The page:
Roles of Government - Security (III)

Content note: I am getting slower in sourcing my posts. In an attempt to keep content flowing, I am going to be doing more ranting and less evidencing in my next few posts. Anything which you doubt, dispute or otherwise want to question, please hit me with it and I will try to source it or amend it as appropriate.

After Defence and the Home Office, the last ministry primarily concerned with security is the Ministry of Justice.

The Ministry of Justice is essentially responsible for the courts, prisons, the Probation Service, and the judiciary.

While I'm sure insiders could point to various problems, I don't think there's anything fundamentally wrong with the judiciary, and it's not very expensive in the grand scheme of things, so we'll leave that as it stands.
As to the court system more generally, again I am sure there are many changes those intimate with it might wish to make; the main problem of which I am aware is with access in the first place, so I would advise increases to Legal Aid funding. The current level is £1.7 billion per year, and the Government is looking to cut it; this is stupid. I would allow for say doubling it over the course of a Parliament, and thus having £3.5 billion per annum available after five years. It doesn't matter how just your laws are, or how fair your courts, if the average person on the street can't afford to bring a case, or defend one.

I'm also firmly of the opinion that "justice too long delayed is justice denied"; so funding some over-capacity of courts in order to ensure that there are not long delays for trials seems reasonable.

Prisons, detention centres etc - as discussed before, we are closing the detention centres, at a substantial saving. We are also going to cut prison occupancy substantially as those convicted purely of drug offences are released.
Where is that money going to go? Primarily into probation and drug treatment programs; indeed, it may well be worth spending more on those services than was spent on prisons, in order to cut imprisonment still further - locking up one person for a year costs around £40,000. A life sentence (minimum 25 years before parole) costs at least £1,000,000, and up to (sentenced at 21 to a life-means-life sentence, lives to life expectancy of 79) - about £2.3 million. Quite apart from improving peoples' lives (both those who would have been locked up, and those who would have been victims), spending money to prevent crime saves money. You would think that our illustrious austerity-coalition would be in favour of it.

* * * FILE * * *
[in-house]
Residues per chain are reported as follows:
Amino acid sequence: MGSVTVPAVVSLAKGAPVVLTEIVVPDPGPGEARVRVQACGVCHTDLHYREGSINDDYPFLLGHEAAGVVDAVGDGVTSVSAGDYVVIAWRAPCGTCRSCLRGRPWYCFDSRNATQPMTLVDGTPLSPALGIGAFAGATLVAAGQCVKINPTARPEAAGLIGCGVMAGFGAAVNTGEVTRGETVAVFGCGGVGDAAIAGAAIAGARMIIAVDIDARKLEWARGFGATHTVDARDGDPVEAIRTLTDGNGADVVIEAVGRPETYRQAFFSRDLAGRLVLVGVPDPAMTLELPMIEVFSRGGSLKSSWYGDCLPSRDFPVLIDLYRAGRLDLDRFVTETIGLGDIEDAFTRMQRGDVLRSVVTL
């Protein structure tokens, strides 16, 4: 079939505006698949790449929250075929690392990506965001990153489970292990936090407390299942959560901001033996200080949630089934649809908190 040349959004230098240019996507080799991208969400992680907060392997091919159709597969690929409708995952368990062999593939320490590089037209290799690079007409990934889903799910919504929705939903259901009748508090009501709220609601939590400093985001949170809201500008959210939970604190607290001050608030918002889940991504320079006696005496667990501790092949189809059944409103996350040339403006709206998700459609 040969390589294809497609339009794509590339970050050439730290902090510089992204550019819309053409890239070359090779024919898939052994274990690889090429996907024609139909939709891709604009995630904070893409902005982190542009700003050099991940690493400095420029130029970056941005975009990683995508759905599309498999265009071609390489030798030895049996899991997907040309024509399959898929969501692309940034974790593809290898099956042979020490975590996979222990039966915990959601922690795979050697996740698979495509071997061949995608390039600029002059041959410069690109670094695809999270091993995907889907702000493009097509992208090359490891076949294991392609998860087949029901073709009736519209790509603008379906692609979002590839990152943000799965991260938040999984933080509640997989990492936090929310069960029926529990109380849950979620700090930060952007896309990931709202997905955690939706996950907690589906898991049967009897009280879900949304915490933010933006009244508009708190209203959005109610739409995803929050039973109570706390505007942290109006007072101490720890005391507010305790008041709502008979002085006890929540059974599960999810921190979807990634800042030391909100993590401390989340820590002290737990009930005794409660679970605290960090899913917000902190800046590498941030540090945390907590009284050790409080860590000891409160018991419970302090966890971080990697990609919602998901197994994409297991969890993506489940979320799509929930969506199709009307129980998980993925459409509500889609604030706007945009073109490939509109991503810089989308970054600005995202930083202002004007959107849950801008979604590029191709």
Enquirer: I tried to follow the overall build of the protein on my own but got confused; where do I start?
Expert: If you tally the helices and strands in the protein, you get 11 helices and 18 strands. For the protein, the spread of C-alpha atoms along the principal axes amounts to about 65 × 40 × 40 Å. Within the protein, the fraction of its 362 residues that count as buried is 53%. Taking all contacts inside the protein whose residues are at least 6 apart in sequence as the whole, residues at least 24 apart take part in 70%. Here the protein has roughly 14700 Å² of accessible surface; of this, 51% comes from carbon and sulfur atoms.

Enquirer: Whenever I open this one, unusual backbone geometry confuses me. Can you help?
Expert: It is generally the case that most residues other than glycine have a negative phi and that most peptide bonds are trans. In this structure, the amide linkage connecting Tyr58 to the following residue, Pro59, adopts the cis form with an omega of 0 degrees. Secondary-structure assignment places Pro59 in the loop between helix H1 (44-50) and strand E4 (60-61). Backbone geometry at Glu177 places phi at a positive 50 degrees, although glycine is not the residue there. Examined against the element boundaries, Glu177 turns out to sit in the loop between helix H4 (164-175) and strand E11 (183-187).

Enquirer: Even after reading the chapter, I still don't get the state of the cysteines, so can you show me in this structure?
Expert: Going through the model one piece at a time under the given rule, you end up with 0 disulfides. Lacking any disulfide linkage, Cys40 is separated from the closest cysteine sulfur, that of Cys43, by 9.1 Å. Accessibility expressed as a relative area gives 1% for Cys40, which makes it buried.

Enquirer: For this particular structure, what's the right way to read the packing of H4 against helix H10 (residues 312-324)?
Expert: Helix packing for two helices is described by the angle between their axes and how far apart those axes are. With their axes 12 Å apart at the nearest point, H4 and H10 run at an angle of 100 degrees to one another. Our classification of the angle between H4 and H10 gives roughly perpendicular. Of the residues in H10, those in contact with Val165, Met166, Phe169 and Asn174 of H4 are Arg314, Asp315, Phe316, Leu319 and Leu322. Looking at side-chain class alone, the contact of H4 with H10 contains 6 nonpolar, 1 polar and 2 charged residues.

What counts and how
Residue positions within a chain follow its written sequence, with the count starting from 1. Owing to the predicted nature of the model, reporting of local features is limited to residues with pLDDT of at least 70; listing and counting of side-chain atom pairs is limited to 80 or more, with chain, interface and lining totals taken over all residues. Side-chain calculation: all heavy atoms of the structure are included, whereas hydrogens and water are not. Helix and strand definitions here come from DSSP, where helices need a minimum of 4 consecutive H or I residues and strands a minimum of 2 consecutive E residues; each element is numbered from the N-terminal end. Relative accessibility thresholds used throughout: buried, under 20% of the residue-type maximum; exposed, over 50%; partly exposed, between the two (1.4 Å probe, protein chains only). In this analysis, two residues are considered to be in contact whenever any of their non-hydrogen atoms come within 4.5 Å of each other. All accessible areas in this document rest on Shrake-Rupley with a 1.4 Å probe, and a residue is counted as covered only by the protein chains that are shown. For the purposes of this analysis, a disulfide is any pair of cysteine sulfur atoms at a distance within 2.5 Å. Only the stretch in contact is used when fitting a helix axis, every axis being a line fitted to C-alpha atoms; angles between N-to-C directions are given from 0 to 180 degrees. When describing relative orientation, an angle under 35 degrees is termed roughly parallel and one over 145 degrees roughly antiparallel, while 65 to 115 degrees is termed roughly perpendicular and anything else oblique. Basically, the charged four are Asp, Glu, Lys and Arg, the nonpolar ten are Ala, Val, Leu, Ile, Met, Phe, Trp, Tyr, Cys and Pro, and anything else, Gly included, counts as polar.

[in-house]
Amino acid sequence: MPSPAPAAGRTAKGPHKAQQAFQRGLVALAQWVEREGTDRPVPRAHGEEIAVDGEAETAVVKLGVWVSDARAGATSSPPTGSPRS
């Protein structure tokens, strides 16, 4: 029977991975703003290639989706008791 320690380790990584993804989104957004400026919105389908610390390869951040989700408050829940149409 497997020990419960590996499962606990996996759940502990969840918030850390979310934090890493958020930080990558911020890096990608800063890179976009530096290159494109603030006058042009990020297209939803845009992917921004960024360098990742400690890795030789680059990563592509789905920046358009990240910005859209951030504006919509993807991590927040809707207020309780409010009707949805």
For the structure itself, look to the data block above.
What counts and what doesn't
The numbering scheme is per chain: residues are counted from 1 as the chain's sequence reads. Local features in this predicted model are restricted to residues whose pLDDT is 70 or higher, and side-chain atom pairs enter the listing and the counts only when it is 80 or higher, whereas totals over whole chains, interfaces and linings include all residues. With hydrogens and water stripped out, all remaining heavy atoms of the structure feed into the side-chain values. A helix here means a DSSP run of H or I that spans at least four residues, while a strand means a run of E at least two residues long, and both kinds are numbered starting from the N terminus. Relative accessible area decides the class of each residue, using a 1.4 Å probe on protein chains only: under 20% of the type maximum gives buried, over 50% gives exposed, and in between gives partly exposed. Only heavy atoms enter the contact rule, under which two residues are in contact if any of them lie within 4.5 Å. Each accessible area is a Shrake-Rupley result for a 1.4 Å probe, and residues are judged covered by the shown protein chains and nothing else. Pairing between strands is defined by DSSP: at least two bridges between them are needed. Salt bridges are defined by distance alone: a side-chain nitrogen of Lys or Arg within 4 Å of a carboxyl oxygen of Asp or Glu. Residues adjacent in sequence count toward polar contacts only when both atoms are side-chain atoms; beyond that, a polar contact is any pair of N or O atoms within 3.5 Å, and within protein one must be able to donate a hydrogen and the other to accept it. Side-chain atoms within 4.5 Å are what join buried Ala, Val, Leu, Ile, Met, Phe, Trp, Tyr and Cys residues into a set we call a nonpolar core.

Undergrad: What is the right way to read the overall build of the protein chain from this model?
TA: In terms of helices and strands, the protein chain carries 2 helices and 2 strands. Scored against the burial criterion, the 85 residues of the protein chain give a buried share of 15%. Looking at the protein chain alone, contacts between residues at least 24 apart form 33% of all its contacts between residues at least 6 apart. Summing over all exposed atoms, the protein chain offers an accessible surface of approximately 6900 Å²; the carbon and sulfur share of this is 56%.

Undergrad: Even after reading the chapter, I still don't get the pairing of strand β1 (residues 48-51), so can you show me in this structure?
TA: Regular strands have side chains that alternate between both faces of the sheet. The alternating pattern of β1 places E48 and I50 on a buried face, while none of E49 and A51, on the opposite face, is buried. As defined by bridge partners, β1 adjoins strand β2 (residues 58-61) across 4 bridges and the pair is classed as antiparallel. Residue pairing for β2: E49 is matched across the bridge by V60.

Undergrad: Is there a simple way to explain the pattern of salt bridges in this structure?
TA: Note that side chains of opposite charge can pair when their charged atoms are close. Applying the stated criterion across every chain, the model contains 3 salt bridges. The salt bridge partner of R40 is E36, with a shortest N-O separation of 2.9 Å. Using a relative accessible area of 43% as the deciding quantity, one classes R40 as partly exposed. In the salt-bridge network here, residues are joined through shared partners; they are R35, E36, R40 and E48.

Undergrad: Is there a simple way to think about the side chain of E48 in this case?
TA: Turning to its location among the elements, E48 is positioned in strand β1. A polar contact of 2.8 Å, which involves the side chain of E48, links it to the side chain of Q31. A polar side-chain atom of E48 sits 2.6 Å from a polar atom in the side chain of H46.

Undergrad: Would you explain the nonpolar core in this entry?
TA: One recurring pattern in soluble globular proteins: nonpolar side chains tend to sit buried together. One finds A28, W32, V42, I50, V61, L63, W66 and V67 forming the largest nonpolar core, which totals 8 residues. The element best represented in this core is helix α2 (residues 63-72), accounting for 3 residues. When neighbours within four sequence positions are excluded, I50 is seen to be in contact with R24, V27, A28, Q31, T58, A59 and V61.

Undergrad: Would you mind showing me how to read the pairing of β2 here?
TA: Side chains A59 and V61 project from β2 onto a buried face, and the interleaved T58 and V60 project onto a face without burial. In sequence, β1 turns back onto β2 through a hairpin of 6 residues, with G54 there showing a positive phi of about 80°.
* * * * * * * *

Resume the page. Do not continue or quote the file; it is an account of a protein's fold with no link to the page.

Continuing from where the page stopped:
It is surprising how many people favour longer prison sentences, as though they would solve anything. I'm not going to go in-depth with all the criminology, not least because I'm not a subject matter expert, but here are a few facts:
1) when there was a death sentence in this country, which was applied to a minority of convicted murderers, most murderers faced a prison sentence of around 14 years, which could be shorter if paroled.
2) Without denying personal responsibility for specific crimes, the commission of crimes in general is a social ill which can (and should!) be mitigated. For example the high proportion of offences to pay for drug addiction - if addiction is medically treated, then most of these offences should disappear.
3) I want to hit 2) again because it's really important. The law should rightfully come down like a ton of bricks against someone who is educated, who has had opportunities, and has chosen to commit crime; those whose education has been derisory, whose opportunities have been slim, whose upbringing has been damaging, should be given more help, and a chance to set themselves back on their feet, rather than punishment.

I am well aware that rehabilitation isn't nearly as emotionally satisfying as punishment, and so a policy of light sentencing, community sentences wherever possible, and well-funded probation services is likely to come across as "weak", "coddling criminals" and whatever else the tabloids want to fling at it.
The initial means to solve this which occurs to me is to fold the probation service into social services more generally; link any educational support targeted at failing students, with support for families that are struggling; help for the homeless; and so on - because a lot of social problems are linked, and so dealing with them all under the same heading seems sensible.

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